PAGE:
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RE: Revised positions for closed/open world assumptions

From: Rogers, Tony <Tony.Rogers@ca.com>
Date: Tue, 15 May 2007 12:52:10 +1000
Message-ID: <BEE2BD647C052D4FA59B42F5E2D946B35C93D8@AUSYMS12.ca.com>
To: "Dale Moberg" <dmoberg@us.axway.com>, "Christopher B Ferris" <chrisfer@us.ibm.com>, <public-ws-policy@w3.org>
I hesitate to add to the confusion, but I had an idea.
 
Thinking from the point of view of a client, I know what assertions and
alternatives I included in my policy (let us be conventional, and posit
that I had assertions A, B, and C in my policy, and let us assume that
the intersection with the server policy includes only A and B).
 
Then I think I can make three statements:
 
1. I can definitely use the behaviours associated with assertions A and
B, because I "asked" about them, and they appeared in the intersection.
 
2. I can definitely NOT use the behaviour/s associated with assertion C,
because I "asked" about it, and it did not appear in the intersection.
 
3. I do not know if the server supports the behaviour/s associated with
assertion D, because I didn't "ask" about it. However, it would be
unreasonable to expect to use these behaviours because I didn't "ask"
about it. If I wish to use D's behaviour/s, I should have included it in
my policy.
 
Is that a reasonable way to look at the problem? It seems to me that the
discussions of open and closed worlds can be reduced to the space of the
assertions about which I (as client) "ask". If I don't ask about
something, then I don't know if it is supported or not, but it seems
unreasonable to expect it to be supported without "asking". I guess we
could say that there is nothing to stop the client attempting to use
such a behaviour, but it should be prepared to have it "fail" (for some
meaning of "fail").
 
Note that I do not posit the client inspecting the server's policy
statement - that could be done, but it could also be that the client
sends its policy to the server, and receives the intersection in return
(the server might not publish its complete policy statement).
 
Tony Rogers
tony.rogers@ca.com <blocked::mailto:tony.rogers@ca.com> 
 

________________________________

From: public-ws-policy-request@w3.org
[mailto:public-ws-policy-request@w3.org] On Behalf Of Dale Moberg
Sent: Tuesday, 15 May 2007 3:40
To: Christopher B Ferris
Cc: public-ws-policy@w3.org
Subject: RE: Revised positions for closed/open world assumptions



Chris Ferris writes:

Maryann and I have been noodling on language that tries to capture our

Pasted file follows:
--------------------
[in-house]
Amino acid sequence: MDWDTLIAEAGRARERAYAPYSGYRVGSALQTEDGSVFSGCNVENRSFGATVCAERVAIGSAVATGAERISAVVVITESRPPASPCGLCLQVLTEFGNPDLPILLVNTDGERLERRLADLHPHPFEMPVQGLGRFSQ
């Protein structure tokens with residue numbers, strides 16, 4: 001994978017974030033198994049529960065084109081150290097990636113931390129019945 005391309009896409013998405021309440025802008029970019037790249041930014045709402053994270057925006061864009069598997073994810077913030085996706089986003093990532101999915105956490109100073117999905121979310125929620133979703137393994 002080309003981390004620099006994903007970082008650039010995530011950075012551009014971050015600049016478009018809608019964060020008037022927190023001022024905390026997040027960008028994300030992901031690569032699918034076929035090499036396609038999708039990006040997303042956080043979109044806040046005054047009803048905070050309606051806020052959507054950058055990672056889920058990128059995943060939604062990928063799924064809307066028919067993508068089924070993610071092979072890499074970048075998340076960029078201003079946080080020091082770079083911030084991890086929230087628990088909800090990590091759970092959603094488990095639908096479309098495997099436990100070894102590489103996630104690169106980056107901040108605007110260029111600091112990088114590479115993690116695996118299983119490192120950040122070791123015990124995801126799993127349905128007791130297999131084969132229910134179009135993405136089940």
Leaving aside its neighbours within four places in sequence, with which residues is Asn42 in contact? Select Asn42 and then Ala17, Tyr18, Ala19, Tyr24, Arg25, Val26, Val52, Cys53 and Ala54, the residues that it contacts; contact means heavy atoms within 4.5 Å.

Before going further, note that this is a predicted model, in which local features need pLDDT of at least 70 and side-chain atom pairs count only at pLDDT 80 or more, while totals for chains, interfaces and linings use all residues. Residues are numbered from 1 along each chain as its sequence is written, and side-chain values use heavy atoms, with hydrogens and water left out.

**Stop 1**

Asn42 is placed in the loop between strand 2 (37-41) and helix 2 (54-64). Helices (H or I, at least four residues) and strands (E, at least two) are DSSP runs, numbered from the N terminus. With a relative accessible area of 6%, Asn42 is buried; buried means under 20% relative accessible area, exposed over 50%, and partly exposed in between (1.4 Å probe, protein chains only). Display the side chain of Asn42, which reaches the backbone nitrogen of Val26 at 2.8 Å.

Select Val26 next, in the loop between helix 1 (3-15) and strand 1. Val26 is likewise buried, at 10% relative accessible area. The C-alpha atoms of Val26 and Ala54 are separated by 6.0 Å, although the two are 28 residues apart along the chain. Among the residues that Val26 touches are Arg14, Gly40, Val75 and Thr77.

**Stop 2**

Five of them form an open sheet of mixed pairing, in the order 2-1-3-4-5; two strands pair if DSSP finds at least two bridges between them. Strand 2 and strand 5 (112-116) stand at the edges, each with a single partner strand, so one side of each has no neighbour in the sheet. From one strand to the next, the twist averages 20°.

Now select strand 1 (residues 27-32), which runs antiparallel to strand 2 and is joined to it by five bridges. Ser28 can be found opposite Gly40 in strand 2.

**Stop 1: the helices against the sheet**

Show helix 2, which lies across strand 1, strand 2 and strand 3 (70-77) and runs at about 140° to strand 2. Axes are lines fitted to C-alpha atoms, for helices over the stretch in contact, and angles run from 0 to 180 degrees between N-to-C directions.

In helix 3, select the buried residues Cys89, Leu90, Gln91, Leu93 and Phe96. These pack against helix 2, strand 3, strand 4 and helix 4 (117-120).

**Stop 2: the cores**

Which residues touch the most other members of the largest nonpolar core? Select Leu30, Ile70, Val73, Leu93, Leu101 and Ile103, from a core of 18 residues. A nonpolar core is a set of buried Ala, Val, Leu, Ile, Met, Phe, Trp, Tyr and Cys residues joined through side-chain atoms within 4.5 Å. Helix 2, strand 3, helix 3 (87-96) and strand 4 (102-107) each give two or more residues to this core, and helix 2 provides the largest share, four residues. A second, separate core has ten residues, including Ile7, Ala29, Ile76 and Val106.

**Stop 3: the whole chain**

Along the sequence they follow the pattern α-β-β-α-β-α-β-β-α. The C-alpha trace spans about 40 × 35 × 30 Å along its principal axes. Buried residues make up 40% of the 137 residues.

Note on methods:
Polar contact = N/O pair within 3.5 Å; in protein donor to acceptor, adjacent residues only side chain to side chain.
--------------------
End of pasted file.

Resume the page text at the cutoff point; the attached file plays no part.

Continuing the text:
intent better. So, rather than 
add the "No other behaviors are to be applied" language, we think that
maybe if we added the following 
prose to section 4.5 Intersection, just before the algorithm is
described, that that might clear up the confusion 
while at the same time preserving the semantic that we believe to be
important. 

New text for section 4.5: 

If the intersection algorithm produces a policy alternative, common to
both parties, it indicates that the behaviors 
implied by the assertions in that policy alternative are an implicit
contract and will be applied for any interaction 
based on that alternative. Any behaviors not represented by policy
assertions in that alternative are out of scope 
and not applied as a result of policy framework processing.

 

DaleMoberg>> OK, by switching to an explanation of a "policy processing
model," I think a lot of the "logical quibbles" can drop out, and that I
think is an improvement. The language is not encroaching on the semantic
options that domain policy assertion designers have available. 

 

It seems that the advice actually gets close to common sense now, for
you appear to be saying that once you select a policy alternative,
engage in the behavior that you intend to engage in! 

 

The other alternatives are "out of scope" once your policy alternative
(for which you found a match) is selected. And if you included behavior
that triggered other provider-supported policy assertions (present in
other alternatives), then the other side can be expected to make a
response, and you might not be prepared for it! Or something like that
might occur that messes up the interaction. 

 

The phrase "implicit contract" though seems a stretch. Suppose the
policy provider offers several policy alternatives. The policy provider
presumably does not care what policy alternative is selected by the
policy consumer, and unless the provider was being deceptive, permits
the consumer to jump from one alternative to another. Is there any
presumption that in the case where several policy alternatives are in
common between consumer and provider, that the consumer cannot engage
one set of behaviors one time and another set of behaviors the next
time? I personally can't understand how to get that commitment over time
out of ws-policy at present. If the commitment is just for one time,
then the advice boils down to the truism, that a consumer should be
consistent between his selected policy alternative intentions and his WS
behaviors. 

 

I am guessing that if there is push-back now, it will be because the
proposed policy processing model impinges on somebody's planned
implementation.

 

 
Received on Tuesday, 15 May 2007 02:52:24 GMT

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